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Yinka and Felix were no longer strangers; we had exchanged meaningful tales in the course of our weekend in jail. We found respite in such tales at the time and they formed our bonding glue.
Yinka’s white shirt was light brown and the police did not find my Rolex. Our trio laughed as we strolled out in the general direction of our homes. We could already see the big joke in our lock up. Though I laughed and retold Big Bros’ tales, I was convinced in my head that the search for me was real and had just begun. Sometimes it takes a weekend spent listening to seasoned criminals proclaim their beliefs to have you question what you believe.
***** * *
Father did not reprimand me.
There was no scolding from him, just curses aimed at the police force and the family members of all police officers. It was my mother who raised the issue of my being out so late at night.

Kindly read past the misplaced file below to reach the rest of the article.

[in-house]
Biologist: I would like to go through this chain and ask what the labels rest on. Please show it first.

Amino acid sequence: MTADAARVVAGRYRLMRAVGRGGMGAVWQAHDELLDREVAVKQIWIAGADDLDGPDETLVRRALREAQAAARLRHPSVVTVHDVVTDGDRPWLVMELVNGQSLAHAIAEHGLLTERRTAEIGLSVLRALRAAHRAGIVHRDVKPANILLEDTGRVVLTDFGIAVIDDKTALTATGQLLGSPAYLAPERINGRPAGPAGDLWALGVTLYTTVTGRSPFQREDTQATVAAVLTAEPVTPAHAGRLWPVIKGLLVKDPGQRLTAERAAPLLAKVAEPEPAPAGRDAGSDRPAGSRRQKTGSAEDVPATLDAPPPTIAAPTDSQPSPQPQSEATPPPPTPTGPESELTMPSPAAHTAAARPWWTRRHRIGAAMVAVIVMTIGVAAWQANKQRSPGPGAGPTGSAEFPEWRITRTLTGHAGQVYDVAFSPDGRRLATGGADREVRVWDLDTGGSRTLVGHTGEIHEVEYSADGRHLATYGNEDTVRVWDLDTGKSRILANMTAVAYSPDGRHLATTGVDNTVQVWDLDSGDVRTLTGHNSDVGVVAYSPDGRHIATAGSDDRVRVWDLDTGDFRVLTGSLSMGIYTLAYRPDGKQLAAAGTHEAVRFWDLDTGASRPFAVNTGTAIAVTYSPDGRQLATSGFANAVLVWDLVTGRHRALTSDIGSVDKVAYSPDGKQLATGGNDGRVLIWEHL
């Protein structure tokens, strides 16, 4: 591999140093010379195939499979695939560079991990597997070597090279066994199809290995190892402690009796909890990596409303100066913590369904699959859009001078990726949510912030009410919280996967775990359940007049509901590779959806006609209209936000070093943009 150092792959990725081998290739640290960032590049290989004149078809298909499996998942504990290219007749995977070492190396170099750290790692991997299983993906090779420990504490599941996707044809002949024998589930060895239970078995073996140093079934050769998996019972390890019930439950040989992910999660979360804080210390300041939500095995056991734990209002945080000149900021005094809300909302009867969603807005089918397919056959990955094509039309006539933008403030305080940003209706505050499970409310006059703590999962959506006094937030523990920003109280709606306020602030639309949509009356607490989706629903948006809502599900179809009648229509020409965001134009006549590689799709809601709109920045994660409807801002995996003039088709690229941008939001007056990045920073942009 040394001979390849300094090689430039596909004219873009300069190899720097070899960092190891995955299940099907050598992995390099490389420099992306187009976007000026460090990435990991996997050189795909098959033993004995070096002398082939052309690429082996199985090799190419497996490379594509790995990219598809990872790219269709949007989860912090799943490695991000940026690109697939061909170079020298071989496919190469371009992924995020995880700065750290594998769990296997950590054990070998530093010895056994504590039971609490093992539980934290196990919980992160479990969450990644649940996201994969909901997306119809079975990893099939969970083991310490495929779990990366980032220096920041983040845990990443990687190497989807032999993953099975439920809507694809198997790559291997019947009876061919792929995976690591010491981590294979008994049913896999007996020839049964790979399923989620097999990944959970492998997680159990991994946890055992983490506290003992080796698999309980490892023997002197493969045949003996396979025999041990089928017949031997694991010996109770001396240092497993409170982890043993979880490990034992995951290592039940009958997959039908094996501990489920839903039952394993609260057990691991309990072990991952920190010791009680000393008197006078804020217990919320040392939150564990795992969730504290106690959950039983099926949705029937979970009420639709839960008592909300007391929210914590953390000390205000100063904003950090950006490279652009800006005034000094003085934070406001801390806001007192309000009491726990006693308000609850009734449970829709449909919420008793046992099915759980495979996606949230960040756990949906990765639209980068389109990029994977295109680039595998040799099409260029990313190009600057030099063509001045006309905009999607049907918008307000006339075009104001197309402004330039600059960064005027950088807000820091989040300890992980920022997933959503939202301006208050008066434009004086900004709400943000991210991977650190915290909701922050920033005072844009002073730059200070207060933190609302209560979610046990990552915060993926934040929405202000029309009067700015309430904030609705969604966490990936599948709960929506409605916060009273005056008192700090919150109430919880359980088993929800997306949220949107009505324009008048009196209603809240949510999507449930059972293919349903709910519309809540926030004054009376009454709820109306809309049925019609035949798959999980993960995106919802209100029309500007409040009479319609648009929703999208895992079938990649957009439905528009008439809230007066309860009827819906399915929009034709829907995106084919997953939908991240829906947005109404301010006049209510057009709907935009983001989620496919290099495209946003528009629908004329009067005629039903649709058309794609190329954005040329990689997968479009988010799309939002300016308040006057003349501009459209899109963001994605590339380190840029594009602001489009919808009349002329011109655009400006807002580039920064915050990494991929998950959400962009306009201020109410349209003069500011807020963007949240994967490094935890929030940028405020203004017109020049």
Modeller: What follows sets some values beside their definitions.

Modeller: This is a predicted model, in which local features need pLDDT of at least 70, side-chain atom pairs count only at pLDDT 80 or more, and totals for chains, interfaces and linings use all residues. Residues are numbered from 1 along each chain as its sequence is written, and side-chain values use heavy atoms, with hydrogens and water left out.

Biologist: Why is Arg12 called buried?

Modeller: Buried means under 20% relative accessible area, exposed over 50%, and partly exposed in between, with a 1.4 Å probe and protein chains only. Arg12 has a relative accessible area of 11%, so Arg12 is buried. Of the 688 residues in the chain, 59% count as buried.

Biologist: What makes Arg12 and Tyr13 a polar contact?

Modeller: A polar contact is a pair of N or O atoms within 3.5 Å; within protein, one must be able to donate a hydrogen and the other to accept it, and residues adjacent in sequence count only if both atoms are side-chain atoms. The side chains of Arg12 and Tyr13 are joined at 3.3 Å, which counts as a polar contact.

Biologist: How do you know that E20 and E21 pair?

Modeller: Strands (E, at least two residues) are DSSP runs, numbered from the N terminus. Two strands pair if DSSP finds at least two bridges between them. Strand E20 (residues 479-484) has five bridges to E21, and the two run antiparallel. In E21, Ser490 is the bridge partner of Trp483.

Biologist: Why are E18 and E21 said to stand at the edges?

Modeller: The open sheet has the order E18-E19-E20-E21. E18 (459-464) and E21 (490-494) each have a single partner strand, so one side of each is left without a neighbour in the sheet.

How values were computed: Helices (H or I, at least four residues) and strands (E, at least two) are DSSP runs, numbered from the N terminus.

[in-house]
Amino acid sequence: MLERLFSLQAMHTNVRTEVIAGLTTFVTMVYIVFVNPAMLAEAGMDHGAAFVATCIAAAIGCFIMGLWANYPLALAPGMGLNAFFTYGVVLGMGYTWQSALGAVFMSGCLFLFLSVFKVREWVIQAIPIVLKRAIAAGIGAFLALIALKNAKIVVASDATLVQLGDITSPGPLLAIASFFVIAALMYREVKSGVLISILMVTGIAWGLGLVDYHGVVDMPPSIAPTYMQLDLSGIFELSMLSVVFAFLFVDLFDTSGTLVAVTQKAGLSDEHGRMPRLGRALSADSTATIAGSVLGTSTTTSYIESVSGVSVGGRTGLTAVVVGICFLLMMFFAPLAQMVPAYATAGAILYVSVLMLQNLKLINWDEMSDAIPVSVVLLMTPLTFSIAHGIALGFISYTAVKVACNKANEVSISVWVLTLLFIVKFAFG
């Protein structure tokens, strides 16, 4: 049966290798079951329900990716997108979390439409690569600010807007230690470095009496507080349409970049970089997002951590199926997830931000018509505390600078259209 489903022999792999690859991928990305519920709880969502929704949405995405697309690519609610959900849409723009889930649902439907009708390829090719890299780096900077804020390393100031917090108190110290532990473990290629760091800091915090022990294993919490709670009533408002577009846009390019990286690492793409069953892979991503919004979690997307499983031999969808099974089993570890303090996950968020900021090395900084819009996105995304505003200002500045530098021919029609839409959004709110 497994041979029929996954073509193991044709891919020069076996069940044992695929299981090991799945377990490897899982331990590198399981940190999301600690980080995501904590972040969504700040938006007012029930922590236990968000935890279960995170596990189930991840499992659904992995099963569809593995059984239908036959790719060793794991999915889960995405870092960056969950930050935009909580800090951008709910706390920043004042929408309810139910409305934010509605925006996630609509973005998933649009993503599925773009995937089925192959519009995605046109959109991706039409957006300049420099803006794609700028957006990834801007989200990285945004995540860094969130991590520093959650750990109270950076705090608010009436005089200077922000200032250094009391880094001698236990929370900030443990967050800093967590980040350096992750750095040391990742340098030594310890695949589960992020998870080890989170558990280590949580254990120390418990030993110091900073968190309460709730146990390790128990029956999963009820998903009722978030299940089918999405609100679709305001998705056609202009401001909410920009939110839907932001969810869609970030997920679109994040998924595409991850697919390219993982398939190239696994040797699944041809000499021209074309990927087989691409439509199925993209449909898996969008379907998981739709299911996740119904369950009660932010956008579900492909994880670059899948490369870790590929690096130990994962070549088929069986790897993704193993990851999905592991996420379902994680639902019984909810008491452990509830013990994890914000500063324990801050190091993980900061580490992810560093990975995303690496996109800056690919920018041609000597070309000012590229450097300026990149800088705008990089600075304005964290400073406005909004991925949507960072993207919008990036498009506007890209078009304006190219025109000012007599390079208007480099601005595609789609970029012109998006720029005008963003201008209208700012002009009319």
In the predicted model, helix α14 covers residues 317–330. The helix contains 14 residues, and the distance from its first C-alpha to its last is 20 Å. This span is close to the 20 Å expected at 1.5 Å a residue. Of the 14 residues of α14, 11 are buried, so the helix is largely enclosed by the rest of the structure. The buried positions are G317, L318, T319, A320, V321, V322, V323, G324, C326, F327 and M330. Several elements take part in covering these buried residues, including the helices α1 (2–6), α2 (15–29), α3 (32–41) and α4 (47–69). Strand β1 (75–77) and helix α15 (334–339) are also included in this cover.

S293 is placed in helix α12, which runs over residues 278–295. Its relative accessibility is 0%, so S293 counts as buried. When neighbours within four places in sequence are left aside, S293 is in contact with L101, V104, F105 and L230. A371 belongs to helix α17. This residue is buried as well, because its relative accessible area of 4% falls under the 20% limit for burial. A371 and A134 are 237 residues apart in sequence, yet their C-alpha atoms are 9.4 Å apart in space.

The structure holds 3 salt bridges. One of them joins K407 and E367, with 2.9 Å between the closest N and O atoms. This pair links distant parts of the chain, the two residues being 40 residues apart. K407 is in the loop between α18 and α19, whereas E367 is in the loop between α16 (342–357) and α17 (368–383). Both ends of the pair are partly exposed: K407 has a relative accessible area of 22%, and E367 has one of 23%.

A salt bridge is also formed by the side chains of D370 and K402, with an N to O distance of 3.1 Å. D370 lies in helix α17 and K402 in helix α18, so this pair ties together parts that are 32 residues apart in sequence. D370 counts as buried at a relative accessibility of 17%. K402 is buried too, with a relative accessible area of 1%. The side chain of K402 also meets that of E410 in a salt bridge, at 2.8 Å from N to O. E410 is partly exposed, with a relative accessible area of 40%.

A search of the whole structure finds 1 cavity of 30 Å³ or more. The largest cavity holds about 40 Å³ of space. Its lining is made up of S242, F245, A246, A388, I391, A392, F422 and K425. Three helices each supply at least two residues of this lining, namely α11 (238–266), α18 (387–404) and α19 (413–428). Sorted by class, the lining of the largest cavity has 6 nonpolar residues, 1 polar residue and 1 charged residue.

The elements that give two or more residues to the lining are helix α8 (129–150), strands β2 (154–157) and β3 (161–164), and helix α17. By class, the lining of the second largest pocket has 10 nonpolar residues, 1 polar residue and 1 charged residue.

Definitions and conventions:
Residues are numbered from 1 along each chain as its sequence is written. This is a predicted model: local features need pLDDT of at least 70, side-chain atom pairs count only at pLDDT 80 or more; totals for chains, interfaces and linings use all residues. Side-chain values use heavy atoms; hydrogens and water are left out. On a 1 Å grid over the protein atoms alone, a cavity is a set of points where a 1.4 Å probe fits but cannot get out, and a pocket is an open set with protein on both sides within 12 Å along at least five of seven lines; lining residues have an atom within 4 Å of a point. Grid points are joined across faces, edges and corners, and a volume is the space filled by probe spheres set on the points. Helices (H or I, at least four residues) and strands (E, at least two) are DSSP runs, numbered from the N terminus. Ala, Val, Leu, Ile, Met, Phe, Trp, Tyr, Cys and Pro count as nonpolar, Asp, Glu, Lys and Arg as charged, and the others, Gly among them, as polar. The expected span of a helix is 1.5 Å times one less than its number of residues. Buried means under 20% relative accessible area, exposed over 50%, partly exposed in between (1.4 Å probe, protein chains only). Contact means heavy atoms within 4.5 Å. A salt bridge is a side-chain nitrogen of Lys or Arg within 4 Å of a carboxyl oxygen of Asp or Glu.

Wisdom was something I considered synonymous with my father. With his husky voice and sagging face, and large frame, he always knew what to say. He always had a relevant experience he could share. He always had this ‘been-there-done-that’ attitude. When he validated me that morning, over steaming coffee, munching sliced bread in his mouth, I felt a rare sort of authenticity.
Mother, ever the voice of caution, insisted that I was wrong. Every time she was thus persistent with her argument, unfeigned agitation on her face, I knew she felt strongly about the matter and truly believed her words. So I was torn between which of my parents to believe. I took refuge in my father, because his words validated me. But my mother’s words and the persistence in her manner hauled sharp stones at what could have been my delicate glasshouse of safety, a final sanctuary for my warring mind.
‘There are places good children are found.’
‘My son is not a bad child for being a young man having a good time.’
‘Is that what you call a good time? Keeping late nights in such an ungodly place?’